Xander knew when he saw the house he had to have it. It was ridiculous,
really. He was barely out of his teens, he had a fiancee turning into
Bridezilla with wedding plans that involved horse-drawn carriages and doves
and something called "tulle," and he had a perfectly good place to live
The house was a disaster, too. The paint was peeling and several windows
were gone - not to mention the kitchen door - and he was positive the roof
leaked and the wiring was exposed and the whole thing just needed a stiff
breeze to send it crashing to the ground. It looked like a safe haven for
rats and spiders and other less natural critters to nest.
In fact, he would bet good money that a vampire or two found the house as
charming as he did. The thought nearly changed his mind. He didn't want to
agree with any bloodsuckers on anything. No, thank you.
Except, he had to have it. The house called to him - and not in that
I'm-possessed-and-murderous-and-want-to-eat-your-soul kind of way. It spoke
to him of neglect and abuse and loneliness. It whispered in his ear about
possibilities and wanting to be better if he only gave it a chance.
The house reminded him of him. He had to have it.
Anya would be furious. She'd tell him he couldn't afford it what with a
reception hall to be booked and a seven-tier cake to be bought and orchids
for each table centerpiece and all the bouquets and she couldn't pay for it
all on her salary and how could he even think about buying a house right now
when they were both so young and so unsure of their futures? She'd take one
look at the pitiful heap of rotting wood surrounded by a half-acre plot of
dirt with a few struggling patches of grass and weeds and tell him she'd
rather live in Spike's crypt before she moved into that dump.
She'd be right. He'd nod and agree with her, then he'd ask her to close her
eyes. She would look at him askance with that expression of quizzical
amusement and exasperation she always gets when she thinks he's crazy, but
she would comply.
He would take her hands and tell her about the living room with the enormous
picture window that looked out on the quiet street and was partly shaded by
a big elm that let filtered sunlight stream all the way to the corners. He'd
tell her about the brick fireplace where they would build fires on those
rare nights when it got cold enough in Sunnydale to need one.
He'd tell her about the big kitchen they could have once he knocked down
that wall and turned the dining room into a breakfast nook. How many dinner
parties would they need to have, anyway? He'd ask her to imagine their
friends sitting at the table chowing on pizza and laughing over Dawn's
latest chatty letter from her college in Los Angeles.
He'd come a little closer and tell her to think about their bedroom -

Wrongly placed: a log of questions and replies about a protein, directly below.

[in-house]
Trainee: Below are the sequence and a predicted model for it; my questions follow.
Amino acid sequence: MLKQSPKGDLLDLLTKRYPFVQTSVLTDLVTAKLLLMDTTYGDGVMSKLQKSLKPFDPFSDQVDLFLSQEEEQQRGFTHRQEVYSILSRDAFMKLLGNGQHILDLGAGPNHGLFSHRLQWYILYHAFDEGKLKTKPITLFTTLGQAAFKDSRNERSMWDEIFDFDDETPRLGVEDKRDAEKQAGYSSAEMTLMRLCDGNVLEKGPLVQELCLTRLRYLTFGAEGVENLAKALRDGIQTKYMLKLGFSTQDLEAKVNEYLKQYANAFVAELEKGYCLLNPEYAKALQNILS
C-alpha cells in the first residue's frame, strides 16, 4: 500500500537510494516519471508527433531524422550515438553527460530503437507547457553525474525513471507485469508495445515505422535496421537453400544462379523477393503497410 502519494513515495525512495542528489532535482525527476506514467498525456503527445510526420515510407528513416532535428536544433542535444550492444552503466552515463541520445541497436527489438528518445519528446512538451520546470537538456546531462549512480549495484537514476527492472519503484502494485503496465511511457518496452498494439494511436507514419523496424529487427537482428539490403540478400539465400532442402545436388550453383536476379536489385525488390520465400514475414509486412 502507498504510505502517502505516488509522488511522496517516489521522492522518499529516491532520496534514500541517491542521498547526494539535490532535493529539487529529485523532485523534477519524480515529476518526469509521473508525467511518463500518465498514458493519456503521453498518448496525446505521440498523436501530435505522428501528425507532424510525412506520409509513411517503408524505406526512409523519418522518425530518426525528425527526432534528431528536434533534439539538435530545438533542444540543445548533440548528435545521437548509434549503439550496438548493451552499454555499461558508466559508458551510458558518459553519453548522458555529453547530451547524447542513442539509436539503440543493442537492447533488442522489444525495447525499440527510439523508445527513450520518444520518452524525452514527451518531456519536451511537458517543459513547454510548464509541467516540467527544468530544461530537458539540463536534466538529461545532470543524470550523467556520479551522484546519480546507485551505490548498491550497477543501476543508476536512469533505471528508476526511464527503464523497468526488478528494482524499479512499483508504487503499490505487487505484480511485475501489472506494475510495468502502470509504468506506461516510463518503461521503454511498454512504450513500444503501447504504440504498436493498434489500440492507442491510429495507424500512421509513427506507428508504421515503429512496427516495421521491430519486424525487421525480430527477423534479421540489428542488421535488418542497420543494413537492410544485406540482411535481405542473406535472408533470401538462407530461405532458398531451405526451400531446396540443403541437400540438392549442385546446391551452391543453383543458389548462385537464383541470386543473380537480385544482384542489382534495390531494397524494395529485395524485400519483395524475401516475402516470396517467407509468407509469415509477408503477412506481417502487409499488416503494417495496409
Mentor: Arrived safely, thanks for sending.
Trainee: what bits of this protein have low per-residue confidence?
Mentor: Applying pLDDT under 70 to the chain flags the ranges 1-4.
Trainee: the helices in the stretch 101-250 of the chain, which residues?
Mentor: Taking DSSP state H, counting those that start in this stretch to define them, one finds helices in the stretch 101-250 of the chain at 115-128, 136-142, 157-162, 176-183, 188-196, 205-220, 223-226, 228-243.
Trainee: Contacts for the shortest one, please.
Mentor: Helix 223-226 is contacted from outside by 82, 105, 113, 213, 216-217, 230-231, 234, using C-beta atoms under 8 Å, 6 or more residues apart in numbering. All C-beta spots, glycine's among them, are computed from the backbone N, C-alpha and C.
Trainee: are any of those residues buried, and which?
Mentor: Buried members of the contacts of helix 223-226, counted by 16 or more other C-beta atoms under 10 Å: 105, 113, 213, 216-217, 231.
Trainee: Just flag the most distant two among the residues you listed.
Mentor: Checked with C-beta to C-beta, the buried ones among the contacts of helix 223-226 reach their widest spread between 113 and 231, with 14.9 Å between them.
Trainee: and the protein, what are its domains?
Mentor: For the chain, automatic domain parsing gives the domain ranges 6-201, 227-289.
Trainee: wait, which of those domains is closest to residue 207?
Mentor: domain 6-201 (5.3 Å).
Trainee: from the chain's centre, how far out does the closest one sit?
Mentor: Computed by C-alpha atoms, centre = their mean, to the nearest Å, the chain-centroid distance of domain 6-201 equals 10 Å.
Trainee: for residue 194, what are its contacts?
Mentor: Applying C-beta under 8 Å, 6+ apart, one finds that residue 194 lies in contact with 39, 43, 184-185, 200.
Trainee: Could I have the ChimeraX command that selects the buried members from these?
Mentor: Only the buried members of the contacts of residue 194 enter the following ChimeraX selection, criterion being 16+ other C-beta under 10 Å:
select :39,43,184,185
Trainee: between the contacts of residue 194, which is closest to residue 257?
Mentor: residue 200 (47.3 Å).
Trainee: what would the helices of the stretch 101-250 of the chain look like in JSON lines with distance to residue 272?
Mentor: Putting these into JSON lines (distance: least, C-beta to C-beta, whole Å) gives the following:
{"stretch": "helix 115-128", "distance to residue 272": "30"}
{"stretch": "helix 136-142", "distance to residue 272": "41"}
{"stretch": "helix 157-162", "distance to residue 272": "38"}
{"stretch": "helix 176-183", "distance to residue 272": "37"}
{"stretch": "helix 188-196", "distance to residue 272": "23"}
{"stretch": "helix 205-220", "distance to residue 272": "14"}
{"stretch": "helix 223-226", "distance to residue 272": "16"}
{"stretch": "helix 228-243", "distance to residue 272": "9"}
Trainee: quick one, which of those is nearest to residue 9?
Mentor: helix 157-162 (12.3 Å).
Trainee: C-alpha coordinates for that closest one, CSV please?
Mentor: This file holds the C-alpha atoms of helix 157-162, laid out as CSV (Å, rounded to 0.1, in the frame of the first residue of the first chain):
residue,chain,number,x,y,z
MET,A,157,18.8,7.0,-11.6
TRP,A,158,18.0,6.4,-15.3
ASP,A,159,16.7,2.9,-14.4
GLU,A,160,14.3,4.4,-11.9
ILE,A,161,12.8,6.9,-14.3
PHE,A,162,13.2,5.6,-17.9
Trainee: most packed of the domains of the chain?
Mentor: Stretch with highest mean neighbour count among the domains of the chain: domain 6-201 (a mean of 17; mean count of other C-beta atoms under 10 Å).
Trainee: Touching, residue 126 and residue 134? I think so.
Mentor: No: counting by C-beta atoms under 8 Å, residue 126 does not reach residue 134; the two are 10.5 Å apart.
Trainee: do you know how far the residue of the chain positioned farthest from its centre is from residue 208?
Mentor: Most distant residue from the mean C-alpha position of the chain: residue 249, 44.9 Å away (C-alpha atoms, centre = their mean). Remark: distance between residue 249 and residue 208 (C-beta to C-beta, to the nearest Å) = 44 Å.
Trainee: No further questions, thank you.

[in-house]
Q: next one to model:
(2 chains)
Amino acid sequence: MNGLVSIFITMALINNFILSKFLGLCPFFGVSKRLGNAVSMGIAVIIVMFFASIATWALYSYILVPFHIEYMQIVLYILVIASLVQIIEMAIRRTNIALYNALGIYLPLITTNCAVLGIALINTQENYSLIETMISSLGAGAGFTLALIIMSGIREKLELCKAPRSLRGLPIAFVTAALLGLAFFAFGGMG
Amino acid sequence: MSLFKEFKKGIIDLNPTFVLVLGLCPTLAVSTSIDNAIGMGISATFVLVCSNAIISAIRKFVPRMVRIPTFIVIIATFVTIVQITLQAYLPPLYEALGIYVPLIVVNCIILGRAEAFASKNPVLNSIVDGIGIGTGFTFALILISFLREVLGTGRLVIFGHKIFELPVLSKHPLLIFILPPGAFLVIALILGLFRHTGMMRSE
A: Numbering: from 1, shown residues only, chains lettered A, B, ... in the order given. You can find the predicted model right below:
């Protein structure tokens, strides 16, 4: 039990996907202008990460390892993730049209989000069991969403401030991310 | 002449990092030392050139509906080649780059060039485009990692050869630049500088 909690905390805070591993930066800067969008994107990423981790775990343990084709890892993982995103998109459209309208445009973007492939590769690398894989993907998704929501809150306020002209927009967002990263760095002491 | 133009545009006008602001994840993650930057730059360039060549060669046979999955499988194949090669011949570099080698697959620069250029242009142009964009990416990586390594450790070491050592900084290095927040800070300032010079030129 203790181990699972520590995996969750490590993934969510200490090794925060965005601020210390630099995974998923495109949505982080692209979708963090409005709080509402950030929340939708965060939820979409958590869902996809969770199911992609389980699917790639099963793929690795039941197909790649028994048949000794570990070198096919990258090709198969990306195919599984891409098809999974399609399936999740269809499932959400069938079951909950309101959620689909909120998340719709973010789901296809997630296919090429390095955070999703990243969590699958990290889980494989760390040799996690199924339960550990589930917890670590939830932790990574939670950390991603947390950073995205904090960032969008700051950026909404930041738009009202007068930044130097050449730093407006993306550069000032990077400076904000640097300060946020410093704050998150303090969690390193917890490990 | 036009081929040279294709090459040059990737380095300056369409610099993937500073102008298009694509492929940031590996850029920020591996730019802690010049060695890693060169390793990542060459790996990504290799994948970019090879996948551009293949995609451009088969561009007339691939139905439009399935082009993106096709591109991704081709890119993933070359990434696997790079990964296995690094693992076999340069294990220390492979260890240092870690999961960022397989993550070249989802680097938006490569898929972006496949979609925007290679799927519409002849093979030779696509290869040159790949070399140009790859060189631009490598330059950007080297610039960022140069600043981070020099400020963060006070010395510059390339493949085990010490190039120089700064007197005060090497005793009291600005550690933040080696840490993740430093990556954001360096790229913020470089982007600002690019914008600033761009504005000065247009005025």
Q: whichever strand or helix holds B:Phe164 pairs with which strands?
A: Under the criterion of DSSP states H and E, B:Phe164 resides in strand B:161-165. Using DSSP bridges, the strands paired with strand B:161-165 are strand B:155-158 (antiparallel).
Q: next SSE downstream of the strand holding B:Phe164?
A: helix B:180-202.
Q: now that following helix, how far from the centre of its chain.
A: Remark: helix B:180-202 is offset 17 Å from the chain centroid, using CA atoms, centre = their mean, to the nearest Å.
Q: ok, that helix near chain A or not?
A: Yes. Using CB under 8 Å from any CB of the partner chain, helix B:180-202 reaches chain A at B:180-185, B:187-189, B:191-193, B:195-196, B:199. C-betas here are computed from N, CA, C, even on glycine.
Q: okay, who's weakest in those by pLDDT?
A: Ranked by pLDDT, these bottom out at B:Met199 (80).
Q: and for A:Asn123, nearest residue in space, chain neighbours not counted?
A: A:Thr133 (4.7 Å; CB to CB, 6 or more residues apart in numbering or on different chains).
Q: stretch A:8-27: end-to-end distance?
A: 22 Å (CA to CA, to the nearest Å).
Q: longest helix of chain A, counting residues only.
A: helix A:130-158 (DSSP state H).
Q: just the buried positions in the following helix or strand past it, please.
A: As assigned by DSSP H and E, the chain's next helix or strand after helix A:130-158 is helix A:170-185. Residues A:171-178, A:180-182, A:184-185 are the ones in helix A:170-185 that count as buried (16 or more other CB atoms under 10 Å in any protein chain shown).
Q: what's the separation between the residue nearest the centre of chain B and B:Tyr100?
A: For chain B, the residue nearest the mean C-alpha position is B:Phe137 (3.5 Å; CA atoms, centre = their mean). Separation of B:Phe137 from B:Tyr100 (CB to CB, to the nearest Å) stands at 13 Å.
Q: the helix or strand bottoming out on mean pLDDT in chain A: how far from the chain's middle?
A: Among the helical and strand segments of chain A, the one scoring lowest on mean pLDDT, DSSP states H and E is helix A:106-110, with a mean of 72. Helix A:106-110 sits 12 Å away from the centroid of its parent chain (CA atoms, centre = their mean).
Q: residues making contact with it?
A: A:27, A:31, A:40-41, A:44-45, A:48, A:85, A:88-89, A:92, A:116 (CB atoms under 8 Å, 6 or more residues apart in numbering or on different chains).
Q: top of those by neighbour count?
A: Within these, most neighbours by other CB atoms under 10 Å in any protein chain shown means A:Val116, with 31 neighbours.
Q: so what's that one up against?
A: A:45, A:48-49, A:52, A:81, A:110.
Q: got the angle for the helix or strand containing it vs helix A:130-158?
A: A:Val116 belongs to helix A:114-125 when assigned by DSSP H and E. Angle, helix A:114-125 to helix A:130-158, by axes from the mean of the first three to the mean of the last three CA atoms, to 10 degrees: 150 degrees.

king-size bed taking up most of the space because she flailed in her sleep
but they didn't need room for a lot of other furniture because the bedroom
was good for two things: sleeping and...
She would smile and blush a tiny bit and even with her eyes closed and still
more than a little out of sorts with him she would press close to him and he
would briefly wonder if she would mind the dirty floors so much because he
couldn't imagine desiring her any more than he does right now as he spills
out his dreams to her of their home and she listens.
He would tell her all of this and she would listen carefully but she
wouldn't be convinced. She'd just be humoring him, waiting until he was done
so she could talk him out of this crazy idea.
Then he'd put his arms around her and tell her he wanted this house for
them, that he would spend every spare second between his job and patrolling
with their friends and wedding plans fixing up this house so it would be
worthy of her. He'd hold her tightly and tell her that when they get married
he wants to carry her over a threshold that isn't his or hers, but theirs
and he would do everything in his power to make it a place where she would
want to spend the rest of her life with him.
And she would sigh dramatically and make noises about all the sacrifices she
will have to make - dispensing with the twenty-foot silk train and the
honeymoon in Fiji - but she would consent and he would know even without her
saying anything that she felt the same burgeoning possibilities and
excitement he did.
He smiled and shook the realtor's hand, thanking her for accepting his down
payment in cash but he could see in her eyes that she was just relieved to
have someone take the house off her hands and would probably have sold it to
a serial killer.
Xander's smile widened as he went home to tell Anya about his day.